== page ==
MADRID — “Why did I choose this?”
That is the core question a Portuguese oncologist posed from the audience during a session at the European Society for Medical Oncology (ESMO) Annual Meeting 2023 that was dedicated to building a sustainable oncology workforce.
“Ten, twenty years ago, being a doctor was a dream,” she said, but right now doctors are underpaid, under strain, and have very few resources.
This oncologist is hardly alone.
Rates of burnout among oncologists remain alarmingly high, explained session chair Kok Haw Jonathan Lim, MD, PhD.
A survey from ESMO conducted almost a decade ago found that more than 50% of oncologists across Europe, many of whom were early in their careers, reported being burned out.
This, Lim said, “was the starting point,” well before the COVID pandemic struck.
More recently, the pandemic has taken its own toll on the well-being of oncologists. A survey presented at ESMO 2020 revealed that 38% of participants, spanning 101 countries, reported experiencing burnout, and 66% said they were not able to perform their job.
Medscape’s own 2023 Physician Burnout and Depression Report highlighted similar burnout rates, with 53% of US physicians and 52% of oncologists saying they felt burned out, compared with about 42% in 2018, before the pandemic.
The oncology workforce is in crisis in every country, said Lim, from the Cancer Dynamics Lab, the Francis Crick Institute, London, United Kingdom.
Burnout, characterized by emotional exhaustion, depersonalization or feelings of cynicism, and a low sense of personal accomplishment, can result in a poor work-life balance as well as poor mental and physical health. Factors linked to burnout include social isolation, increased workload, reduced quality of work, lack of control over work, and stressful professional experiences.
Together, these factors can affect patient care and further exacerbate staffing issues, Lim said.
Staffing shortages are common. Oncologists often work long hours or on weekends to cover gaps caused by staffing shortages. Recent data revealed that in high-income countries, there are on average 0.65 medical oncologists and 0.25 radiation oncologists per 100 patients — a situation made worse by professionals taking early retirement or leaving medicine during the pandemic.
“We have seen that the shortage of human resources in many countries as well as the increasing workload related to the increasing number of cancers,” as well as patients surviving longer, have increased pressures on the healthcare system, Andrés Cervantes, MD, PhD, president of ESMO, explained in a press conference.
While tackling these oncology workforce problems requires smaller, local changes to a physician’s daily routine, “the real change,” Lim said, lies at an infrastructure level.
In response to this chronic and growing problem, ESMO launched its Resilience Task Force in 2020 to evaluate burnout and well-being. The task force plans to publish a position paper in which it will propose a set of recommendations regarding the psychosocial risks of burnout as well as flexible work patterns, well-being resources, and targeted support.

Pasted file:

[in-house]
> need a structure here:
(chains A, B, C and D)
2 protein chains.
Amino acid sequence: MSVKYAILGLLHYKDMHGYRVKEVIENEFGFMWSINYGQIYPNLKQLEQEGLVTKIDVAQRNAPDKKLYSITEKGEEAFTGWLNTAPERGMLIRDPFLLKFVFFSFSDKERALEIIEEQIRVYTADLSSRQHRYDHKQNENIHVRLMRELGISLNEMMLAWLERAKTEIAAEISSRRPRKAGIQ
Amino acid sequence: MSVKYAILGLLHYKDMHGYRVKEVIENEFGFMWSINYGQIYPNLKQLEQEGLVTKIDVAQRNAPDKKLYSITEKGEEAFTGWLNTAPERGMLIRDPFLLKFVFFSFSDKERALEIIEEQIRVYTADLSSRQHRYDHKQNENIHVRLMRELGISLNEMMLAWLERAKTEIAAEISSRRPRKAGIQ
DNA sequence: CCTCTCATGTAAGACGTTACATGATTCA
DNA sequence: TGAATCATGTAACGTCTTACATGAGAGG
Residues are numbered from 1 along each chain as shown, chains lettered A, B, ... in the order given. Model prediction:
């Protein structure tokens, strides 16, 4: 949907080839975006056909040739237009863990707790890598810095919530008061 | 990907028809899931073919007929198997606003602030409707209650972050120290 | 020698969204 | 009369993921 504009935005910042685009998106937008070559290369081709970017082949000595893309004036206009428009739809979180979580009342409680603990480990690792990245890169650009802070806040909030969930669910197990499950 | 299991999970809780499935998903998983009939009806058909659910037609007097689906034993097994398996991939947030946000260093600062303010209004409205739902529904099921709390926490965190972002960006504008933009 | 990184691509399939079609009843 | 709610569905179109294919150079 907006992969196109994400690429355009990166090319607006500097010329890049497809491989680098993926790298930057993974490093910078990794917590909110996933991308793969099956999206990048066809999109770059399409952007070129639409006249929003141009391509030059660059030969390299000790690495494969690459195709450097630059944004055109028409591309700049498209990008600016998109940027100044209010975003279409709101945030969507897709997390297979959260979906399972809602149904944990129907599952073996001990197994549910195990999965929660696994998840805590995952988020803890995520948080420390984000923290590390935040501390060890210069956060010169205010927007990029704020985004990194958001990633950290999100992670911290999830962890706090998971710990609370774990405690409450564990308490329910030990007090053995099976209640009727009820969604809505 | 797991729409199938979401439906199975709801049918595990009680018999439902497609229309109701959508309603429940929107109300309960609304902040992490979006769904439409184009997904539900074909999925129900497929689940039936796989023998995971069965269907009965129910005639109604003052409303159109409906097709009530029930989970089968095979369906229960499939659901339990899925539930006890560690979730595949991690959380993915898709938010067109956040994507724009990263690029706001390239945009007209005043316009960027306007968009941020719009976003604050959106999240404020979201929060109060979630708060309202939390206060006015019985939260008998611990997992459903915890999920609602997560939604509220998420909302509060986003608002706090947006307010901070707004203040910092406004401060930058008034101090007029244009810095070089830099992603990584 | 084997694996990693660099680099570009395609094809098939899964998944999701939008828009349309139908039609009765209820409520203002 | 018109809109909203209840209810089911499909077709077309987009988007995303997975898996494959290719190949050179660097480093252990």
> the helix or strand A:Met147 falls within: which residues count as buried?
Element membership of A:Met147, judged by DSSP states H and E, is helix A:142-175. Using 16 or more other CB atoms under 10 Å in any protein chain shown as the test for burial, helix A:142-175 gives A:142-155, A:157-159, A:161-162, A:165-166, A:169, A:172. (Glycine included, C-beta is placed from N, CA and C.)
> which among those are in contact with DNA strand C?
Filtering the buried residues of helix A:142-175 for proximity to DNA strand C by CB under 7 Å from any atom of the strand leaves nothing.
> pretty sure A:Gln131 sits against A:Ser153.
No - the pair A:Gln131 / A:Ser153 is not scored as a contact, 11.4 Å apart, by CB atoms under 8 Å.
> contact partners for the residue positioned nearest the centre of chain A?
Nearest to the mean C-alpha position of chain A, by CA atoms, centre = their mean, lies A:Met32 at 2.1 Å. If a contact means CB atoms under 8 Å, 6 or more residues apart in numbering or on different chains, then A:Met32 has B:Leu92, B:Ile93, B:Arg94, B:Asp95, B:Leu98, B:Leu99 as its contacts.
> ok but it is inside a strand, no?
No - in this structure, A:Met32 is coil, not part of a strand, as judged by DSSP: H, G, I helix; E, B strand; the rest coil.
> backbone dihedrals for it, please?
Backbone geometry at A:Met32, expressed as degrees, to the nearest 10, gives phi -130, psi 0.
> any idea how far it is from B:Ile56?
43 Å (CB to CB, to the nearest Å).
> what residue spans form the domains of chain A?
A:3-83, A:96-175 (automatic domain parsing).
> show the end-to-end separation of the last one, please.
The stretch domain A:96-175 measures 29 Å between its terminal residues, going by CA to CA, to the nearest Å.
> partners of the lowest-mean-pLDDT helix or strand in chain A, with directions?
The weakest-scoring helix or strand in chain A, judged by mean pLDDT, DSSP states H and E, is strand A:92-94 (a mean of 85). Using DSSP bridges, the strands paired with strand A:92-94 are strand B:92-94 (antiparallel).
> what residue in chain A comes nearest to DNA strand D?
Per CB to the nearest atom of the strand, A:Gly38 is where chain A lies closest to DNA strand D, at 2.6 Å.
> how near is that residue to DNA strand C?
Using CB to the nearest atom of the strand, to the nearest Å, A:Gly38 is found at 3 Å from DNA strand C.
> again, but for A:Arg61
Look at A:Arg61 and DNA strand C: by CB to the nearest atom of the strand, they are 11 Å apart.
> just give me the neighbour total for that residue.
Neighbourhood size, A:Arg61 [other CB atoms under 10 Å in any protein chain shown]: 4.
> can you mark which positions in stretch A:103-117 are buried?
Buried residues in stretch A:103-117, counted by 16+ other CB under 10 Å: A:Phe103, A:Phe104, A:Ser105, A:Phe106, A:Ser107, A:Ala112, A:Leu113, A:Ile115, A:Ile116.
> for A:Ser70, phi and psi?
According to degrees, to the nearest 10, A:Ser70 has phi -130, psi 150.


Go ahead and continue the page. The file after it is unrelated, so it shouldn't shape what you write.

A panel of experts at the meeting touched on some of these solutions.
Dealing with staff shortages is a must, said Jean-Yves Blay, MD, PhD, during the session. “It’s a simple mathematical equation,” Blay said. “We must increase the number of doctors in medical schools and the number of nurses and healthcare professionals in all schools.” Improving staffing would also help reduce chronic workload issues.
Resilience training should also be incorporated into physician training starting in medical school.Teaching oncologists how to deal with bad news and to cope when patients die is particularly important.
“I was not taught that,” said the oncologist from Portugal. “I had to learn that at my own cost.”
The good news is that it’s possible todevelop resiliency skills over time, said Claire Hardy, PhD, from Lancaster University, UK, who agreed that training programs could be one approach to improve oncologists’ work life.
However, a person’s needs are determined by their institution and personal responsibilities. “No one knows your job better than you,” Hardy said. “No one knows better than you where the inefficiencies are, where the bureaucracy is that could be taken away, or it could be done by somebody whose role it is to sort all that out.”
But having this understanding is not enough. Physician also need to feel “psychological safety to be able to speak out and say that something isn’t working right now or is too much,” or, “I’m spending too much time doing this.”
In other words, oncologists need to be able to set boundaries and say no.
Hardy said this concept “has been around a while, but it’s really gaining momentum,” and being able to discuss these issues in a forum such as the ESMO Congress is a promising start.
Lim has relationships with Janseen and SEOM. No other relevant financial relationships were disclosed.
European Society for Medical Oncology (ESMO) Annual Meeting 2023: Presented October 22, 2023.
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